WHO antitoxin shipment to help thinly spread Vietnam treat botulism cases

By Chi Le   September 8, 2020 | 08:16 pm GMT+7
WHO antitoxin shipment to help thinly spread Vietnam treat botulism cases
A medical worker holds two bottles of botulism antitoxin imported from Thailand in Hanoi, August 27, 2020. Photo by VnExpress/Chi Le.

The WHO would deliver 10 doses of botulism antitoxin from Switzerland to Vietnam on Tuesday to treat patients poisoned by vegan pate contaminated with botulinum.

The antitoxin would be taken from a World Health Organization (WHO) drug stockpile in Switzerland and delivered to Vietnam as soon as possible, said Tran Thi Giang Huong, director of the WHO’s Division of Programs for Disease Control for the Western Pacific region.

The Ministry of Health would cooperate with the WHO to process necessary procedures to receive the drugs. They would be sent to Hanoi’s Bach Mai Hospital before being distributed to other medical facilities, including HCMC’s Cho Ray Hospital and the Hospital for Tropical Diseases, to treat poisoned cases.

Last month, the WHO sponsored and distributed two botulism antidote bottles, worth $16,000, from Thailand to Hanoi to treat two poisoning cases at Bach Mai Hospital. Following administration, the two patients’ condition have improved.

Botulinum poisoning was detected at multiple hospitals across Vietnam starting July. Investigations revealed that several had consumed vegan pate products from Loi Song Moi Company in Hanoi’s Dong Anh District. Tests on the vegan pate, branded Minh Chay, later showed it contained Clostrodium botulinum, a type of anaerobic bacteria capable of producing strong neurotoxins that block nerve functions and cause paralysis or even death.

Loi Song Moi has been fined VND17.5 million ($755) for failing to meet food safety standards following the incident. Their products are being recalled nationwide. Around 11,800 people had purchased the company's products from July to August, half of these being Minh Chay Pate, according to the Hanoi Department of Agriculture and Rural Development.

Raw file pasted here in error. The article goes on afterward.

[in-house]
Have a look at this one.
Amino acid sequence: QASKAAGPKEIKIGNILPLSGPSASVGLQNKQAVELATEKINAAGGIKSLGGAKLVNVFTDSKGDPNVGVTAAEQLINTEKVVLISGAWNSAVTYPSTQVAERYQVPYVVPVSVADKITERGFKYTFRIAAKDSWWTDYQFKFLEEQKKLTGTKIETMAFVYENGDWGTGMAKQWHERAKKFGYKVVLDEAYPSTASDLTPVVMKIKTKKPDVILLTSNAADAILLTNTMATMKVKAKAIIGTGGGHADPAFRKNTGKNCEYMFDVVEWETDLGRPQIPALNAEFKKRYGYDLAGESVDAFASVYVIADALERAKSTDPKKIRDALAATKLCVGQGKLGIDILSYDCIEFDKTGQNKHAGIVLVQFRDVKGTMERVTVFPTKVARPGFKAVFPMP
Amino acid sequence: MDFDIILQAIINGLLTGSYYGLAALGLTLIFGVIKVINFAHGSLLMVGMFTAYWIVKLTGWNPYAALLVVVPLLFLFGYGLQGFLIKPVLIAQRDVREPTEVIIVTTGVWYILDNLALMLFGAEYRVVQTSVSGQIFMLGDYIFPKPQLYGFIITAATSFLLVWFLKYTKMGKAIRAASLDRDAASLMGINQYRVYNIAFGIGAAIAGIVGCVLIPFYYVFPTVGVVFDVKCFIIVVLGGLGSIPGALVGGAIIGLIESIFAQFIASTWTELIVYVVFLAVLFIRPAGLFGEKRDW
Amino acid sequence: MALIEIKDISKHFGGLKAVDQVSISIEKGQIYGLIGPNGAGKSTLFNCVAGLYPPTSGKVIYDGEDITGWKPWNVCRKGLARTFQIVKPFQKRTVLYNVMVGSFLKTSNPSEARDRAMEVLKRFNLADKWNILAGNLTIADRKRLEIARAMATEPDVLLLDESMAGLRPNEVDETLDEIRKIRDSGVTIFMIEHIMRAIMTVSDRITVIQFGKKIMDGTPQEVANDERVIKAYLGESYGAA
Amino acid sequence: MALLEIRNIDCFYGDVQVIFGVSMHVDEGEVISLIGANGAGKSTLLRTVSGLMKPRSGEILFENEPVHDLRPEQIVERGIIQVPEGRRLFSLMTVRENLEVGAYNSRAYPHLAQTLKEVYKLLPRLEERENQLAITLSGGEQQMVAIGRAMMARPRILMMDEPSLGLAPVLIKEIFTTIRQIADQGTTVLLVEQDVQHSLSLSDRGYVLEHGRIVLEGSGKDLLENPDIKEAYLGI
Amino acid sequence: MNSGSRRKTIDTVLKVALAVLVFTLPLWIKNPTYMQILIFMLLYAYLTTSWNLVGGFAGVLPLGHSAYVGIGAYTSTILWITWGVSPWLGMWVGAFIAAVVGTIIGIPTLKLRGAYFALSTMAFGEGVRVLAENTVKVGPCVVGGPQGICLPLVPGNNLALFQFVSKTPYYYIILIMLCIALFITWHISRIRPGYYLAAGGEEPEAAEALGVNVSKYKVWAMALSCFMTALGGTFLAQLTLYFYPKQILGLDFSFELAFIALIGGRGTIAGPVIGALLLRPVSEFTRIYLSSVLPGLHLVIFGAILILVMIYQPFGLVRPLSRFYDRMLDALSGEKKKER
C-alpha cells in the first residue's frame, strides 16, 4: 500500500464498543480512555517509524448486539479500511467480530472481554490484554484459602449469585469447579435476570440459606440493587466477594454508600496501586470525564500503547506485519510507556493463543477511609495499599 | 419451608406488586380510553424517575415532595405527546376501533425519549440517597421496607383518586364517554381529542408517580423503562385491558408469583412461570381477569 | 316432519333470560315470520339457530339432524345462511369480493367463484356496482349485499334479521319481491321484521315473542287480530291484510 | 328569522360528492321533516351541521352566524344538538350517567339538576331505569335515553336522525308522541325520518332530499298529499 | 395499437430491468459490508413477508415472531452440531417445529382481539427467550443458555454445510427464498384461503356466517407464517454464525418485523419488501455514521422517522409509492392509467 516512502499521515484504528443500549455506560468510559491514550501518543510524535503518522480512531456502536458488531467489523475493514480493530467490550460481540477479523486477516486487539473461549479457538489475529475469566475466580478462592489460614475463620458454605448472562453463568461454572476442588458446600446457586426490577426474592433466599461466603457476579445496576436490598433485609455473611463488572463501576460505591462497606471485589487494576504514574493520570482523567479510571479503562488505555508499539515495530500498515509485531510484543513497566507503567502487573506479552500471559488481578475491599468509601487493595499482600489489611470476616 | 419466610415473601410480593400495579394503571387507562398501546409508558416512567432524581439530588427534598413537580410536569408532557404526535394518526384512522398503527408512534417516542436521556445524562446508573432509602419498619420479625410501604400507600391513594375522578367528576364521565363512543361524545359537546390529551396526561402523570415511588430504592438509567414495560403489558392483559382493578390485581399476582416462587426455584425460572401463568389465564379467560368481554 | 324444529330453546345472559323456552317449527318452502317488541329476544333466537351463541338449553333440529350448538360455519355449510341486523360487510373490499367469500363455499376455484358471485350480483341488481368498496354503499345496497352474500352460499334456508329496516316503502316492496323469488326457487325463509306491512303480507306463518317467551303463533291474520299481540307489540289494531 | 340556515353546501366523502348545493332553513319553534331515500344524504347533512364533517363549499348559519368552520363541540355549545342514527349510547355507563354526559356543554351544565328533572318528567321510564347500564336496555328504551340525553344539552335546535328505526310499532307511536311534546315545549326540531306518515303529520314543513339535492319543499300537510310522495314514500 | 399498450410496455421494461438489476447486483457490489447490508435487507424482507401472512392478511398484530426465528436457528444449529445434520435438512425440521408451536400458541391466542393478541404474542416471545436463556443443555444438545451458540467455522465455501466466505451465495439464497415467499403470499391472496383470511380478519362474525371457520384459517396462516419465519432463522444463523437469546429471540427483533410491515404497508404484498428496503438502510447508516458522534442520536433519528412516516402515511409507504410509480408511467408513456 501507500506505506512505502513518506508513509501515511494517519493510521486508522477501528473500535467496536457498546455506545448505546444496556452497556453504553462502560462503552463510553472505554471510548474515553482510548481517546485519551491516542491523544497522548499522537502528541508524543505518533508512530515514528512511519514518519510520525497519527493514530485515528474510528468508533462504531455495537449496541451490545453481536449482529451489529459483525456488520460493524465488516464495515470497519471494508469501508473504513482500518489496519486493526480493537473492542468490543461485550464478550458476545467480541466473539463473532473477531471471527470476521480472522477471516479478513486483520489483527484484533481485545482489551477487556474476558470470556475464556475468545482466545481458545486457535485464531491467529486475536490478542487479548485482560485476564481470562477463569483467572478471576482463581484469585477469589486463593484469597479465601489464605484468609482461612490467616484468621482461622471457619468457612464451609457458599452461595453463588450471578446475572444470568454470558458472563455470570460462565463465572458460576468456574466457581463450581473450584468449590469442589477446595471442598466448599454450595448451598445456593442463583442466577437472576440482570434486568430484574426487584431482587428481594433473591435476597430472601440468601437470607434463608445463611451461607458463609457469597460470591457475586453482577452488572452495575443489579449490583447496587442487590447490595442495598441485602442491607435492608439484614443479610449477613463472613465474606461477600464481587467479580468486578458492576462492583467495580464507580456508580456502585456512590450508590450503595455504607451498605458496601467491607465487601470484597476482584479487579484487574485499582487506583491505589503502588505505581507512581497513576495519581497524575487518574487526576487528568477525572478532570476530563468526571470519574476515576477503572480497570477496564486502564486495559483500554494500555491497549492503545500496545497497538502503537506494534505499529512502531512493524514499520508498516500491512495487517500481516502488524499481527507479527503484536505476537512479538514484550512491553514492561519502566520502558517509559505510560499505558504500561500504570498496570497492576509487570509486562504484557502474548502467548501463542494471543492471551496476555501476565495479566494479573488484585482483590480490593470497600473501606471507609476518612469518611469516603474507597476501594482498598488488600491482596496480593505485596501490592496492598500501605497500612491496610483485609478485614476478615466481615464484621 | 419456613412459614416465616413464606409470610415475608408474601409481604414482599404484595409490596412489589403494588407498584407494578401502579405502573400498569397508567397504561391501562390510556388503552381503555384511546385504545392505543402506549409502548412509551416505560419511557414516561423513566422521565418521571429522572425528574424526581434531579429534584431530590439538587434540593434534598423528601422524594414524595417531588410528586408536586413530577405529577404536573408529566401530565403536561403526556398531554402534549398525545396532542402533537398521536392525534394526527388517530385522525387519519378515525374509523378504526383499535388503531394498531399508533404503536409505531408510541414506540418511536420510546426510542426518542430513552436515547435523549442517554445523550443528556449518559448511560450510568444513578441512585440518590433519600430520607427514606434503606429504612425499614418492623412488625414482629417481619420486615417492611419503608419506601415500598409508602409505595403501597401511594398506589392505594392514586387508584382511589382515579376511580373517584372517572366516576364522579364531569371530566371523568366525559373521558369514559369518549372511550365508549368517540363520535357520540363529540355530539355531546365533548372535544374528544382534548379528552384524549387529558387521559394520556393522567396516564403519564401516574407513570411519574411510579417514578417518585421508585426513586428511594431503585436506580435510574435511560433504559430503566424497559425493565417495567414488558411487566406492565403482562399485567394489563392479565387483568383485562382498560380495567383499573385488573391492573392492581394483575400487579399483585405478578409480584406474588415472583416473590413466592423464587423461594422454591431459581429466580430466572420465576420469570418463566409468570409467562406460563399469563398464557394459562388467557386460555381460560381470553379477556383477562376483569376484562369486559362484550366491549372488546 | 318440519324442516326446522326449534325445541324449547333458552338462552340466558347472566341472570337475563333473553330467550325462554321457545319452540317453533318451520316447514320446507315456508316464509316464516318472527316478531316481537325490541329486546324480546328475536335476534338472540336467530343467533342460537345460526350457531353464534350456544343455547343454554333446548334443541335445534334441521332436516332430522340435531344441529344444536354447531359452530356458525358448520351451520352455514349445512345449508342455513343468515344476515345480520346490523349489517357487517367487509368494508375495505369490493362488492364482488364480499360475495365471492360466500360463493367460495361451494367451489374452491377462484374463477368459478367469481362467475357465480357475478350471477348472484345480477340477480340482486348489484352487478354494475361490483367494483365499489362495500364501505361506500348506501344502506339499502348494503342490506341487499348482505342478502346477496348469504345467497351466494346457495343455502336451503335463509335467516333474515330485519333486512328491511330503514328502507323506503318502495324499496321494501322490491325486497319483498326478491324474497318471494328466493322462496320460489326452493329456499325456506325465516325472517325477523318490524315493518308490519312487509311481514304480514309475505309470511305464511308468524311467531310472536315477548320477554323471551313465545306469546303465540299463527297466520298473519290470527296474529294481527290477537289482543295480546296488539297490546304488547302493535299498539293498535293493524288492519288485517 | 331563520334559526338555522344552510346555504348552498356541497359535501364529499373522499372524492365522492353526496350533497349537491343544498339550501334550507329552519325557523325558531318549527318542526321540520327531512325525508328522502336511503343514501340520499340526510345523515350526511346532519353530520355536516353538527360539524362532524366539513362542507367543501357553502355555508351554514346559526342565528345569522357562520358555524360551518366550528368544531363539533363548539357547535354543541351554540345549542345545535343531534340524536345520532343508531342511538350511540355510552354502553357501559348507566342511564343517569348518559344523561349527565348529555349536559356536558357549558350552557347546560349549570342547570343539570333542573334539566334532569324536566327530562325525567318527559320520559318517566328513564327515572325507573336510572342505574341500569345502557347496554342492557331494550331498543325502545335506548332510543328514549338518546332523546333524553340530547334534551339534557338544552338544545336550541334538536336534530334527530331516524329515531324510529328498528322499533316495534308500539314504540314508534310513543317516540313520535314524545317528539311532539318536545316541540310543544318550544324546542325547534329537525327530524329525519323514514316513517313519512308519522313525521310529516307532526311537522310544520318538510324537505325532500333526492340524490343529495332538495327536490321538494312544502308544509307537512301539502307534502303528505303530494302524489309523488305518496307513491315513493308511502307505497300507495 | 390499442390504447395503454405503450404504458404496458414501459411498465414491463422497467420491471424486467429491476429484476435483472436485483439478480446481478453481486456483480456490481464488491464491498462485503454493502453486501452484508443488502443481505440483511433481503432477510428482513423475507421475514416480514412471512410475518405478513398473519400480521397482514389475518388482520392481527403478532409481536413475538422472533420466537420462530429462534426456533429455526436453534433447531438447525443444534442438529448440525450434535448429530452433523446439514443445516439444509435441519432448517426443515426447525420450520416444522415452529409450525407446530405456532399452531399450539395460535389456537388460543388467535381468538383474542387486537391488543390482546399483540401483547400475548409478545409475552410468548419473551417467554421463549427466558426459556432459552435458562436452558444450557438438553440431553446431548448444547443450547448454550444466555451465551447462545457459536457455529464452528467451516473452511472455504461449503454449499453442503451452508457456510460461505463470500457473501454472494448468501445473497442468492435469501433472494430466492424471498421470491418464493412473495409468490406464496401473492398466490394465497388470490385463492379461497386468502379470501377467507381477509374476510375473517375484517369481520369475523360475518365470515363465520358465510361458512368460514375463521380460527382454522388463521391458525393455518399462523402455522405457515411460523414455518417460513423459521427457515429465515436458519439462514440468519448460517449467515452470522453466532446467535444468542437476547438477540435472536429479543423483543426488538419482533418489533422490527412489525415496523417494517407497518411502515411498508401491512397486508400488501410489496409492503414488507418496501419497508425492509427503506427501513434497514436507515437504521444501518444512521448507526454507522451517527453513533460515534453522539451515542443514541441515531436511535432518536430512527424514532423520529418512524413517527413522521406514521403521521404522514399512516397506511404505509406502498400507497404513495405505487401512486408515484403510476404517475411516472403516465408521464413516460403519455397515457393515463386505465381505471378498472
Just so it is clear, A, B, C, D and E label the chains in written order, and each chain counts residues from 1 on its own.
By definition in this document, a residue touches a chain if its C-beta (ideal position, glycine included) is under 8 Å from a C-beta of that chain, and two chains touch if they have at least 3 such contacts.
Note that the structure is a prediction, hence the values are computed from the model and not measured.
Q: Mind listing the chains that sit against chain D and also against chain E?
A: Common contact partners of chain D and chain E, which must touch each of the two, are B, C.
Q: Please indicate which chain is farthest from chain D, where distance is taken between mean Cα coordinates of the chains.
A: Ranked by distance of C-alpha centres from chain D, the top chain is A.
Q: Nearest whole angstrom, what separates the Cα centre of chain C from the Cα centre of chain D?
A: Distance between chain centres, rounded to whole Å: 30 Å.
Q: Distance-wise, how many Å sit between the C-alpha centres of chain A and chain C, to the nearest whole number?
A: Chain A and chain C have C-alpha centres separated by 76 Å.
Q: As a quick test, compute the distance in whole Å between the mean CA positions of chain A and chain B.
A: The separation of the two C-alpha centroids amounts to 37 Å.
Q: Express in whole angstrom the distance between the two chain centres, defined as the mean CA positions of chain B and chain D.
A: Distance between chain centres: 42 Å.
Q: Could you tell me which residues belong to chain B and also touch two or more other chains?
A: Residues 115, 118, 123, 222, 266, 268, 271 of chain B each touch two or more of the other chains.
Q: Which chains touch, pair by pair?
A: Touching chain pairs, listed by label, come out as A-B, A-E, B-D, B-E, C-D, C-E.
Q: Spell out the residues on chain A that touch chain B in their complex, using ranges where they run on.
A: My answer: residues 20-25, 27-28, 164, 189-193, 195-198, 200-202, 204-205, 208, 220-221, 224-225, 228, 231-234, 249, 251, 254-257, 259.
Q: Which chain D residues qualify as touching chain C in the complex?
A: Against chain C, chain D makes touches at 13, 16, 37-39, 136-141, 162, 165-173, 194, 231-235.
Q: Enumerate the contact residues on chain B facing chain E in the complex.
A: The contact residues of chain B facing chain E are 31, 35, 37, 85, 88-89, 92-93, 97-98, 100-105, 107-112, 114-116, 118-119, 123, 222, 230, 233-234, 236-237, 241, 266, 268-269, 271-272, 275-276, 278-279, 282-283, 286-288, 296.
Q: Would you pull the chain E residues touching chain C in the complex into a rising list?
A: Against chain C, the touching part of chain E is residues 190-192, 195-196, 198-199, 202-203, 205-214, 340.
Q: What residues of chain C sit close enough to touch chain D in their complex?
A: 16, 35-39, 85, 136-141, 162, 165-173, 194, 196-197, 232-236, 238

As of Tuesday, 15 poisoned customers have been recorded at hospitals in Hanoi, HCMC, Khanh Hoa, Dong Nai, Long An, Binh Duong and Quang Nam. They experienced symptoms like headaches, dizziness, muscle weakness and paralysis, with many critical cases placed on ventilators. Only the two Bach Mai cases are currently treated with imported antidotes, while the rest are being treated via plasma and physical therapy, etc.

Clostridium botulinum produces toxins under low-oxygen conditions. Consumption of botulinum toxins may result in stomachache, fatigue, muscle pain, blurred vision, a dry mouth, difficulty in swallowing and speaking and droopy eyelids. Symptoms usually appear within 12 to 36 hours, and patients could end up with respiratory failure caused by paralyzed respiratory muscles, or even die.

Vietnam has not recorded any botulinum poisoning cases in over three decades, and so does not have its own supply of antitoxins. Hospitals have since requested the health ministry to import antidotes from outside the country to treat cases of poisoning.

 
 
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